MILAN (VN) — Giro d’Italia organizer RCS Sport presented a glitzy show for the 100th edition route unveiling Tuesday night but was short on cycling stars. Cycling director Mauro Vegni says it will be a different story in 2017, when the cyclists race from May 5 to 28.
Home stars Italians Fabio Aru and Vincenzo Nibali helped present the 2017 route. They were happy to do so since the race visits both of their homes, the islands of Sardinia and Sicily, respectively, next year.
Aru and Nibali are almost obliged to race since the Giro will celebrate its 100th edition with rare visits to their islands. Insiders told VeloNews that they already confirmed their participation, and while Aru will remain with his Astana team, Nibali will part ways with his countryman and race for Bahrain – Merida.
However, some tuning in to the live stream might have thought the 2017 will lack stars given those few attending Tuesday evening.
“The cyclists need to race and win both the Giro and Tour, those big riders who go to the Tour need to think about the Giro, as well,” Vegni said. “There are stages for everyone in next year’s Giro. Stages for time trialists and for climbers, ones for sprinters. Enough for everyone.”
The stages caught the attention of three-time Tour de France winner Chris Froome (Sky). When the route came out via a leak Monday, Froome took to Twitter to share his approval.
Vegni says those close to the organization are negotiating with Froome to attend in 2017. The last time he lined up was in 2010, before he became a big grand tour star. Since, he raced only the Tour de France and Vuelta a España, winning the former three times and placing second in the Vuelta three times.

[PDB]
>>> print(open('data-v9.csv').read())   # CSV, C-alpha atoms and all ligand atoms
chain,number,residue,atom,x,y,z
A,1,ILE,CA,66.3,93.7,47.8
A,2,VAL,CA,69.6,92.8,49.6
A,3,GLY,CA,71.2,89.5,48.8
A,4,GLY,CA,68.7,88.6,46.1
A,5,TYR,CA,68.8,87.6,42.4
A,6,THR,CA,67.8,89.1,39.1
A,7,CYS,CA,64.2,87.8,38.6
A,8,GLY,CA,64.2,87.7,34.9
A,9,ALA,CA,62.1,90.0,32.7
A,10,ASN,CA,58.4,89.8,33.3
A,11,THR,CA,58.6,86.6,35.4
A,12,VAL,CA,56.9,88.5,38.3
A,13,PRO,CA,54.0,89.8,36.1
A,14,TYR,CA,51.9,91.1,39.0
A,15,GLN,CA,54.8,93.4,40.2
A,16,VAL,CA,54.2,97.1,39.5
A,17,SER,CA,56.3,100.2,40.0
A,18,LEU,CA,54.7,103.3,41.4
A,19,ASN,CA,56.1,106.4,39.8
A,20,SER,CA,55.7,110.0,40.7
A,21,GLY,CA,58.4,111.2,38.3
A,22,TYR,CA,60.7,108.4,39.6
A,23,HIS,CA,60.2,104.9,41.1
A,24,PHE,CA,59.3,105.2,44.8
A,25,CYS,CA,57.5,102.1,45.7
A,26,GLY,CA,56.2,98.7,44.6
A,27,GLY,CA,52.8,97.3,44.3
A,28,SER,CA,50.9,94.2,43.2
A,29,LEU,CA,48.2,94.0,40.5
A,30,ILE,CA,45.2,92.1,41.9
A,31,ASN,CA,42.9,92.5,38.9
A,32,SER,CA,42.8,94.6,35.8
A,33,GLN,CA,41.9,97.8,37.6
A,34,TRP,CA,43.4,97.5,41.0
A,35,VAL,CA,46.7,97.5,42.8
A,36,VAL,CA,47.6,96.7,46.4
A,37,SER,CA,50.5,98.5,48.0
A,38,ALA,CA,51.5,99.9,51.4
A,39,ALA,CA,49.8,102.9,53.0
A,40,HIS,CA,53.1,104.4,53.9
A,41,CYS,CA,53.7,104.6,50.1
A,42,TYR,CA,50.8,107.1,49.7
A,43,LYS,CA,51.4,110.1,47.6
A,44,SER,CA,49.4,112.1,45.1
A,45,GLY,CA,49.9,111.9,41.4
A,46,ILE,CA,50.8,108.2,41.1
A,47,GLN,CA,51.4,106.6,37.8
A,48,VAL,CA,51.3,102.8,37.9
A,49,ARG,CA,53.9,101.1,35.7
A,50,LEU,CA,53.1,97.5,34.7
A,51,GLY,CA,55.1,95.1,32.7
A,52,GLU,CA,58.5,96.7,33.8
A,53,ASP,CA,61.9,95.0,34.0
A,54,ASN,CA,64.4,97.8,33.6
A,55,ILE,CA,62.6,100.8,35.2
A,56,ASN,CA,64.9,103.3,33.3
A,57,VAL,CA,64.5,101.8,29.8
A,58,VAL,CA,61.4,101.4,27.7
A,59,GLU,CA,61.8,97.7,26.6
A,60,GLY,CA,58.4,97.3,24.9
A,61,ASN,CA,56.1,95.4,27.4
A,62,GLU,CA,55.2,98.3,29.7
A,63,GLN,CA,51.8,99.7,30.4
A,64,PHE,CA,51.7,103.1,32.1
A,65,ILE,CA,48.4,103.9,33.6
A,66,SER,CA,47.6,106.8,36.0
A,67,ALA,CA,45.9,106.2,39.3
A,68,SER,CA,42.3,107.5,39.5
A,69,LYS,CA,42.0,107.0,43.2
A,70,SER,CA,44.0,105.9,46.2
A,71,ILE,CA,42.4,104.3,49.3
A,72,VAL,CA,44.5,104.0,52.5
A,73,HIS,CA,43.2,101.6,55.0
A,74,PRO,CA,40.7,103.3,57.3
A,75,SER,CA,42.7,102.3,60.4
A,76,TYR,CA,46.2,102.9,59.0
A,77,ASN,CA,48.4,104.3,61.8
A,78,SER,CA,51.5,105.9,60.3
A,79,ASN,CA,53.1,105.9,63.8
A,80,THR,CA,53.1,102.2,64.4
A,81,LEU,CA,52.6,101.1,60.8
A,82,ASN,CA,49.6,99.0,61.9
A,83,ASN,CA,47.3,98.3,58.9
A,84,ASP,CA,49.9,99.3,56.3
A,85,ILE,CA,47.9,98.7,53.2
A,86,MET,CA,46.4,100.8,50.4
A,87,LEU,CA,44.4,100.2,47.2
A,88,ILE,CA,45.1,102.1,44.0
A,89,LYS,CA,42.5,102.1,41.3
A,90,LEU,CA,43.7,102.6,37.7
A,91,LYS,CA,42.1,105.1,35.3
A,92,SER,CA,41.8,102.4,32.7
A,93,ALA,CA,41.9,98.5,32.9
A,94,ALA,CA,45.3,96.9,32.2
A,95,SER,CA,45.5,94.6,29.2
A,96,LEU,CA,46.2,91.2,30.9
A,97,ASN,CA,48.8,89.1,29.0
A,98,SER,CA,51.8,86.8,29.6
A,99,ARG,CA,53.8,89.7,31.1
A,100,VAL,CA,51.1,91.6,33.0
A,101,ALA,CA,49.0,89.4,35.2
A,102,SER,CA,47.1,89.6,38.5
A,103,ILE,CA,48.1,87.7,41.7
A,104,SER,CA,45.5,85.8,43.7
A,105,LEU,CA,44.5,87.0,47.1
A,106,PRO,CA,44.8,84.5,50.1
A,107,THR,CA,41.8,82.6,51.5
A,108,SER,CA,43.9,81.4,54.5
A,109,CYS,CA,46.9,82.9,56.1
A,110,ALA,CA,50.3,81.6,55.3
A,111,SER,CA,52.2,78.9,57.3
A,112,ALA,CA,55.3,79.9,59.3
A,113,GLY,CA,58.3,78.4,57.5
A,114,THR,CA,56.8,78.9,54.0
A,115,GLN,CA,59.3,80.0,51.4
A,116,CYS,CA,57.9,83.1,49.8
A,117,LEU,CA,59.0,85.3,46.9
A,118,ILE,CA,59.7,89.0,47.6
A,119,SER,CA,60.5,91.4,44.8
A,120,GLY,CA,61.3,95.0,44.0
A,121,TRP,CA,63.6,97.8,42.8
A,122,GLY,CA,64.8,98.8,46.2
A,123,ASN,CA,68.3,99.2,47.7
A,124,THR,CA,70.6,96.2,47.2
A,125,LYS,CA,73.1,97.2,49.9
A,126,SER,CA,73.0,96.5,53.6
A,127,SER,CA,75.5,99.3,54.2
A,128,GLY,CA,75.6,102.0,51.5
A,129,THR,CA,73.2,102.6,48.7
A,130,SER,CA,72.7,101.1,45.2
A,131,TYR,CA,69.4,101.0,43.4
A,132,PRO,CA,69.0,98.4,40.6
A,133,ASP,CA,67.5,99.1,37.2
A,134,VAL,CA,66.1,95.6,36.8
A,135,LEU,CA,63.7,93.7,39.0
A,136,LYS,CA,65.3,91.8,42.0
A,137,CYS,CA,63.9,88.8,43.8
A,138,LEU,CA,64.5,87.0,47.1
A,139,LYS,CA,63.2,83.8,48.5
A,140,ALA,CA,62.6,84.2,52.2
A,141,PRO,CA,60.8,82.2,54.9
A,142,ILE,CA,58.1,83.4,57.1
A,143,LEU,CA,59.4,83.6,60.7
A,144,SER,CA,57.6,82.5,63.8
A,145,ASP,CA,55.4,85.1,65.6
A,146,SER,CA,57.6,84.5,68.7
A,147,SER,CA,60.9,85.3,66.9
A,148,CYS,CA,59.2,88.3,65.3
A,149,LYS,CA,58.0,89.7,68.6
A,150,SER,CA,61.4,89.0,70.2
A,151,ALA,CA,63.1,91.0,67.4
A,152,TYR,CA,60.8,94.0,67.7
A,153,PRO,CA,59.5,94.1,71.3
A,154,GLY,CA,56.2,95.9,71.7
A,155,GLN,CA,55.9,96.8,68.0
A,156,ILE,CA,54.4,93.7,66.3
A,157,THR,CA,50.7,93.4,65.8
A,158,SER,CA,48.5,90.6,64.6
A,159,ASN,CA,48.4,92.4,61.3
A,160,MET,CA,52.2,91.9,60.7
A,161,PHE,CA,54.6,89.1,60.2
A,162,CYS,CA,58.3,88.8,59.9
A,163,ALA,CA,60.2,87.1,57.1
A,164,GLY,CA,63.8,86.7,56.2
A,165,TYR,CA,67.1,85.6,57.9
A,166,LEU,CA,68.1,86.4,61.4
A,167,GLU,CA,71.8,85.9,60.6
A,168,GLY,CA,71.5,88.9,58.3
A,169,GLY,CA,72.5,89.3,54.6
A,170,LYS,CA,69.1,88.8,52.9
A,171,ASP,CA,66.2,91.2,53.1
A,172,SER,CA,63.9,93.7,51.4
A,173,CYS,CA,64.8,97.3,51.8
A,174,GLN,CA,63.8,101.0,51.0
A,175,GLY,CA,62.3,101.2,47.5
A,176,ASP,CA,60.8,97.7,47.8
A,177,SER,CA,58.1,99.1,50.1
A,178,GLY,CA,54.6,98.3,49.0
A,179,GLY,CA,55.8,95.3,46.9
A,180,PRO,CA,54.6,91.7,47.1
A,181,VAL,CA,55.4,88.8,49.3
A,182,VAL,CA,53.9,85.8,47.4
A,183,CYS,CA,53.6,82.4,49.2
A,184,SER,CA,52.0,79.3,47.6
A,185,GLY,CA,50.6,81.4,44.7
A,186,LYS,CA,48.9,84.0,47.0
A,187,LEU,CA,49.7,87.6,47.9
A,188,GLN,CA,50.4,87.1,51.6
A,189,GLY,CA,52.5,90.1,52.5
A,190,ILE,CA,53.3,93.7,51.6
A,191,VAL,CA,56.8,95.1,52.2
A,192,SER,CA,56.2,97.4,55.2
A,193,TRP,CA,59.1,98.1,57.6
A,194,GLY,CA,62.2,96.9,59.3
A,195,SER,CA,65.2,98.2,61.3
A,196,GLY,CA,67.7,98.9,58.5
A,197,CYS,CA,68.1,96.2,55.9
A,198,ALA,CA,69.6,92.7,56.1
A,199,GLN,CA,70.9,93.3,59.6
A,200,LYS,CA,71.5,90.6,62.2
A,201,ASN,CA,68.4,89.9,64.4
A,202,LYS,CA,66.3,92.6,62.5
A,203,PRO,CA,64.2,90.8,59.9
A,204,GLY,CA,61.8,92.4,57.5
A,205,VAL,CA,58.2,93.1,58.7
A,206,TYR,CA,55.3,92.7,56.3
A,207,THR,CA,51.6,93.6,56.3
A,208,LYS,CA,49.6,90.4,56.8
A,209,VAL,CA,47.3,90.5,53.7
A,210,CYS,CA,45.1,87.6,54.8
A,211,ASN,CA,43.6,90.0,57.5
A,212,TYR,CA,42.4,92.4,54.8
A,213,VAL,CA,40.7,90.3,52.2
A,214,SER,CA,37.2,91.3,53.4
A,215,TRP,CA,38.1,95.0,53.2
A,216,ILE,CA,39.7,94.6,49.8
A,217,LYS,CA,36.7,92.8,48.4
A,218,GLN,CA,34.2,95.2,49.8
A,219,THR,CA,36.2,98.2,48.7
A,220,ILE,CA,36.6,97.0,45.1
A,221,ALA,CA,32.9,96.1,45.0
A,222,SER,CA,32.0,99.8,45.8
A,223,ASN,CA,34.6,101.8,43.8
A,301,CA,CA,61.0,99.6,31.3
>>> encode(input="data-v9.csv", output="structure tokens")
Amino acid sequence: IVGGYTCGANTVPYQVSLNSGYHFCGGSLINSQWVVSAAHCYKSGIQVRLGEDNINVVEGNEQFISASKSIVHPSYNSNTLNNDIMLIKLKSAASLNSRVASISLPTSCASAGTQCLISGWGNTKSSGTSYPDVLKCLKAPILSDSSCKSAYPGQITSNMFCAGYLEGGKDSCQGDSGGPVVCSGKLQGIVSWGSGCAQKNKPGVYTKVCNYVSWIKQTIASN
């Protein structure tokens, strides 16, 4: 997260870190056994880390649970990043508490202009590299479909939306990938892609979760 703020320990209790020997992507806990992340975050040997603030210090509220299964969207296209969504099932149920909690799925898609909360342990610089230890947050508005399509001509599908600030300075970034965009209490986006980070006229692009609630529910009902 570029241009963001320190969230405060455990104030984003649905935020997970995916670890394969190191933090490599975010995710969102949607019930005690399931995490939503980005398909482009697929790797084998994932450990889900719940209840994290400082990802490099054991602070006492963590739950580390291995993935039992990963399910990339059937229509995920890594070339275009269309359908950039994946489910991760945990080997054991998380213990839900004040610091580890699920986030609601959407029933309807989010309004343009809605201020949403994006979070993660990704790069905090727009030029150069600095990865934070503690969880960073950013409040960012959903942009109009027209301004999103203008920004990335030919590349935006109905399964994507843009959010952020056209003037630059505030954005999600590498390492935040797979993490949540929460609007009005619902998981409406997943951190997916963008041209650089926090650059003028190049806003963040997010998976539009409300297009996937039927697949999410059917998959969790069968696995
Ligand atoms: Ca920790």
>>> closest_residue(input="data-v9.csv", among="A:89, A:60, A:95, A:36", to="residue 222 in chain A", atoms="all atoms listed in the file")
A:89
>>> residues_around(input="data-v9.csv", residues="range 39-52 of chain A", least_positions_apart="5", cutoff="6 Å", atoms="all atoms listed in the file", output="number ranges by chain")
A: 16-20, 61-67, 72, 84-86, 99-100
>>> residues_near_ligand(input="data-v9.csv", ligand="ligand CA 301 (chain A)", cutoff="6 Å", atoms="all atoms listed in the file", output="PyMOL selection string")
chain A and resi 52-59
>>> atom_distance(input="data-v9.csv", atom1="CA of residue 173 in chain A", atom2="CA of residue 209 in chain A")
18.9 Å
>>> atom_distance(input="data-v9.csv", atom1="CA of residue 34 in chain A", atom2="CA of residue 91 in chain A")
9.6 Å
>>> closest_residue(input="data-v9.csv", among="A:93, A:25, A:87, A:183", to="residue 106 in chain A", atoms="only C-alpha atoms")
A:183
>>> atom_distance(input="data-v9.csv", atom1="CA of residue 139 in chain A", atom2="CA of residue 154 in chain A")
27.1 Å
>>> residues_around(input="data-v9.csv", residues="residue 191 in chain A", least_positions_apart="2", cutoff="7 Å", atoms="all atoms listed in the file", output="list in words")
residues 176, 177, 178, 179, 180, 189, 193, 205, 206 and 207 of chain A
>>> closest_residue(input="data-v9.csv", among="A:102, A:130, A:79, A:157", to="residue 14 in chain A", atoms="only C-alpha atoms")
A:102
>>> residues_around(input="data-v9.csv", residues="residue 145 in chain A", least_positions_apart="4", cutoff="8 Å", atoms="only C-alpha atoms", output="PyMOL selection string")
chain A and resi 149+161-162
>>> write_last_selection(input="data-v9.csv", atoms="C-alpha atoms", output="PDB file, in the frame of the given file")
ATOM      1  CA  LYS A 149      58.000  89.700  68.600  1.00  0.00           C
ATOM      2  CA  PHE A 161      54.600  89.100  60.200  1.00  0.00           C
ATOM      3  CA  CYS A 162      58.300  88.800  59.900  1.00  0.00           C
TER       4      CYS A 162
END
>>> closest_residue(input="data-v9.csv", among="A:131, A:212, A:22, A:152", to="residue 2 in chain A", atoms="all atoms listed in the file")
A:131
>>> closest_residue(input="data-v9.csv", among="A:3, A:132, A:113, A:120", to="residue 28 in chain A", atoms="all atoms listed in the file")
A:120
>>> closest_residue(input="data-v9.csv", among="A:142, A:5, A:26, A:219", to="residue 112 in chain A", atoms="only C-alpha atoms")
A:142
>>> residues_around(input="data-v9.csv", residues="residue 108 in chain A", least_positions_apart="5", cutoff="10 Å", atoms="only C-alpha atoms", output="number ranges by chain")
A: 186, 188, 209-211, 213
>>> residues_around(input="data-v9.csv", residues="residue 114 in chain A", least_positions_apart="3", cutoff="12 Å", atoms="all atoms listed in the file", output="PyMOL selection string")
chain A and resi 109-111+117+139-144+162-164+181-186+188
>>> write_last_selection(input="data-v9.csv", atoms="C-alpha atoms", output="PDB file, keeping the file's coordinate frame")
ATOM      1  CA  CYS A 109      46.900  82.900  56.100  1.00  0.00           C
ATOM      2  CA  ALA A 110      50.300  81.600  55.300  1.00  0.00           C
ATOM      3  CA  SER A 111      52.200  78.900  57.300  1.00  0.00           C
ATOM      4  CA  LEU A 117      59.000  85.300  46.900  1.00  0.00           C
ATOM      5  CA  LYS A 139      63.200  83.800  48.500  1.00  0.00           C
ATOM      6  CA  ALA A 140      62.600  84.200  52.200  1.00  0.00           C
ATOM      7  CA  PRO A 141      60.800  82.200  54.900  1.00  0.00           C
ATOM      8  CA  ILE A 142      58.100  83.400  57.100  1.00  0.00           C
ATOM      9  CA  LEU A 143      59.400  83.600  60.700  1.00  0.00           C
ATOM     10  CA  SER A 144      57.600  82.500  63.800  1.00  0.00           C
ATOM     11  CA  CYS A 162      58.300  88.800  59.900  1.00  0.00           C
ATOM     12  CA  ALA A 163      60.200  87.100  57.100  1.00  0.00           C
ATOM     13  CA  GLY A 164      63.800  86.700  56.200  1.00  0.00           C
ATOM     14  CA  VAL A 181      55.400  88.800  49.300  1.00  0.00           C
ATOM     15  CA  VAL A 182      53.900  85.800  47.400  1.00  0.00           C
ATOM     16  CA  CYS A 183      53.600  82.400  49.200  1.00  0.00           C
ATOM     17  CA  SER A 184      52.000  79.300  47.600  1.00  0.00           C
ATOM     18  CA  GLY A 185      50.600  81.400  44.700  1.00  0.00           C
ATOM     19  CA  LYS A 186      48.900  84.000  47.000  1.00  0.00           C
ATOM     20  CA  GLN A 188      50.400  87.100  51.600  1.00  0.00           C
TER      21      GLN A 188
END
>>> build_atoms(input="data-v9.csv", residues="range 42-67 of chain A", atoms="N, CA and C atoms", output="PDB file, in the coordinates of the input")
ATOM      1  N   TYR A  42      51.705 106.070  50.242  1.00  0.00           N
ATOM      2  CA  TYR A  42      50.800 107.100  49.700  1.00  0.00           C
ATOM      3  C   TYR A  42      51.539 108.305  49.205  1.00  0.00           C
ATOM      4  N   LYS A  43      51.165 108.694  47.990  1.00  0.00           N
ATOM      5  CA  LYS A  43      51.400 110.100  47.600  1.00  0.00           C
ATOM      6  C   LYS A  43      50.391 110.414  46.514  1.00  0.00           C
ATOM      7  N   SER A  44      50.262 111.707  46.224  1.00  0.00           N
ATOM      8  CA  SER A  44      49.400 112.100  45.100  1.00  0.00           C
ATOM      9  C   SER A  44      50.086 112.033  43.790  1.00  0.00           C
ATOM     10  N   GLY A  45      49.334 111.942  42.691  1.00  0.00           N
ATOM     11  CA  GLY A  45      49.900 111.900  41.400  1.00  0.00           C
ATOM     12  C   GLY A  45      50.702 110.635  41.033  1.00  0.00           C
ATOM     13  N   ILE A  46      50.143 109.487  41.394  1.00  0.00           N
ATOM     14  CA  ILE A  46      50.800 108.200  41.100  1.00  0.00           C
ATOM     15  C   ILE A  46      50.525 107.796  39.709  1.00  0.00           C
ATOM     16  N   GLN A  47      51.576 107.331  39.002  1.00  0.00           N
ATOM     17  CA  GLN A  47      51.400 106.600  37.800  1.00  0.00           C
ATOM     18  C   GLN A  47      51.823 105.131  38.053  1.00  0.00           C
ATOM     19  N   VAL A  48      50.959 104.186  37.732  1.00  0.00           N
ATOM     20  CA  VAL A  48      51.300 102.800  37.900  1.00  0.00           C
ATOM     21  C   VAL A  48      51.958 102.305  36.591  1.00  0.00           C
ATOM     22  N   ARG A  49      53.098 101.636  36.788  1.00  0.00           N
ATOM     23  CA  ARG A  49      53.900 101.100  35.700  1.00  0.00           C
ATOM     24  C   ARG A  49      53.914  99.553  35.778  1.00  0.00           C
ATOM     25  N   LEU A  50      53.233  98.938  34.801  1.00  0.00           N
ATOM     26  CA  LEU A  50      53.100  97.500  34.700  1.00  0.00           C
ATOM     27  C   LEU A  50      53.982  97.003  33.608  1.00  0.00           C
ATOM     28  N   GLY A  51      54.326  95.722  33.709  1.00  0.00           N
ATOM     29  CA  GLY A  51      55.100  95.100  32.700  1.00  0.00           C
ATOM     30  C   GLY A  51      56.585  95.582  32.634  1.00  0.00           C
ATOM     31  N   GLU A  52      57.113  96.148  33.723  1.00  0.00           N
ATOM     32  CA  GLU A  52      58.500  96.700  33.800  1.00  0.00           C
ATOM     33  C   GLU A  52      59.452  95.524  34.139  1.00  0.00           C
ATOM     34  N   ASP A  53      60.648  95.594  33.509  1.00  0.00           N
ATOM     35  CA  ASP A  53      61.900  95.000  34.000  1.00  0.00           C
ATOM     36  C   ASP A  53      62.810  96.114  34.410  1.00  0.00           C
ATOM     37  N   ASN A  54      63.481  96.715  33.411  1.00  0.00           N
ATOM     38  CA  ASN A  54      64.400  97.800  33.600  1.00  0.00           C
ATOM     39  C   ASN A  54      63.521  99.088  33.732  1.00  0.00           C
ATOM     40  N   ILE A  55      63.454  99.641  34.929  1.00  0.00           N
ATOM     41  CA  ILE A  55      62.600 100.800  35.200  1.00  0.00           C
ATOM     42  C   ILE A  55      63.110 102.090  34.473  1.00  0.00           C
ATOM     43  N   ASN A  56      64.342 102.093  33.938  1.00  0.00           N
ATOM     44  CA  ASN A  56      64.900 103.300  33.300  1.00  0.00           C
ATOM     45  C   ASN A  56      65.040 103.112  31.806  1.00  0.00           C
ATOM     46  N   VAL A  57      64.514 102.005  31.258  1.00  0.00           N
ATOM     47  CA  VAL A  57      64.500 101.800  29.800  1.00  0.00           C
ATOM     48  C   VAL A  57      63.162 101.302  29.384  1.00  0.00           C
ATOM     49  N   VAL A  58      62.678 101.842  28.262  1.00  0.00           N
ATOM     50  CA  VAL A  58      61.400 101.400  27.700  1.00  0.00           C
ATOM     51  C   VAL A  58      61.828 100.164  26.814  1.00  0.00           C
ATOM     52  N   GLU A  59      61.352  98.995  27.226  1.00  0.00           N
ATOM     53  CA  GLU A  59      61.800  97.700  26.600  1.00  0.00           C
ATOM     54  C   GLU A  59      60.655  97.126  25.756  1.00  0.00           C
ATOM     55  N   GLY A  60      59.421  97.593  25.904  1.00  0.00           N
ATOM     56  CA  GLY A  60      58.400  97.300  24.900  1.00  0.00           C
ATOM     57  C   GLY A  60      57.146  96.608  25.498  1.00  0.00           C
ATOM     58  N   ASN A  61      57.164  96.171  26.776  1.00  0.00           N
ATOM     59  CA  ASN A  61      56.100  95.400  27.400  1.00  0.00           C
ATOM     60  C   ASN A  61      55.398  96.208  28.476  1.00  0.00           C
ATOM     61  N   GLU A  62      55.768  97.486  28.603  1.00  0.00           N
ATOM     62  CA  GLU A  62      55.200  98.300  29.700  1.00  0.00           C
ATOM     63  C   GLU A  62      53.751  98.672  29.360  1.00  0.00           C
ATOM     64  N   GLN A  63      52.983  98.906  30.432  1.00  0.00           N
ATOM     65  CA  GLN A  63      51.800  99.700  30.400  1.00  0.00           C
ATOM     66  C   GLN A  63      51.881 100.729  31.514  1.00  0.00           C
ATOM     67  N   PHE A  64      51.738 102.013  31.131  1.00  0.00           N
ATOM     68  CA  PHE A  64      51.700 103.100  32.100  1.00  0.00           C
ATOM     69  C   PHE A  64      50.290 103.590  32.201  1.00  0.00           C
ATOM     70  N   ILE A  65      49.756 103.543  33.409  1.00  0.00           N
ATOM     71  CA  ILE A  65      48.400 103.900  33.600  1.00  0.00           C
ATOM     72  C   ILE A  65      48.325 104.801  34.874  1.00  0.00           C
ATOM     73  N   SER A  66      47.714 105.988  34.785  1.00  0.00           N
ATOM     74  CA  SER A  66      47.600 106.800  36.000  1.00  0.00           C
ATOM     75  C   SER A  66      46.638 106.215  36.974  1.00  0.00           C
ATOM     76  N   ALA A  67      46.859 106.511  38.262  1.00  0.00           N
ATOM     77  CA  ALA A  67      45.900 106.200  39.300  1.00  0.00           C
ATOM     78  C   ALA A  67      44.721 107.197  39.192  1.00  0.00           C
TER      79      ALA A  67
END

Movistar’s Nairo Quintana won the Vuelta last month ahead of Froome. His first grand tour title, however, came in Italy in the 2014 Giro. He will take aim at a Tour victory in 2017. Alberto Contador is expected to be in the Tour, too, leading his new Trek – Segafredo team.
Tom Dumoulin (Giant – Alpecin), Romain Bardet (Ag2r La Mondiale), Steven Kruijswijk (LottoNL – Jumbo), Alejandro Valverde (Movistar), and one of the Orica – BikeExchange twins, Adam or Simon Yates should race in May.
They will find a route that balances mountains with time trials. The Giro presented four summit finish stages with 67.2 kilometers of time trials — one on stage 10 and the second on the final day to Milan.
The four summit finishes include and early trip up Mount Etna in stage 4. The 17.45-kilometer climb to 1,892 meters will likely sort the classification before the race even sets foot the mainland.
“The riders make the race hard. It’s going to be demanding, the fourth stage already had a demanding summit finish,” Vegni added. “If you come to the Giro you need to come ready from day one. It’s hard, also hard mentally to face these days, one after another.”
Vegni and RCS Sport tried to visit all 21 regions and the eight cities that hosted the stage starts and finishes in 1909, the first edition.
“The goal of ours was to embrace all of Italy, even if it’s hard to do so. I think we are hitting 16 regions.
“It’s hard, if you are on the Adriatic coast; you can’t just zip over to the west coast to race along the Tyrrhenian coast. It’s a Giro though that celebrates Italy.
“I was sorry to leave out Rome in a way, but if you are on the Adriatic coast, then it’s hard to get over to Rome.
“We wanted to keep the transfers low, that’s been our aim in the last several years. OK, maybe we could’ve done it, but it would’ve pushed up the transfer kilometers. We needed to keep our stance, even with this true tour of Italy the transfers are around 1,300 or 1,400 kilometers, and that’s it.”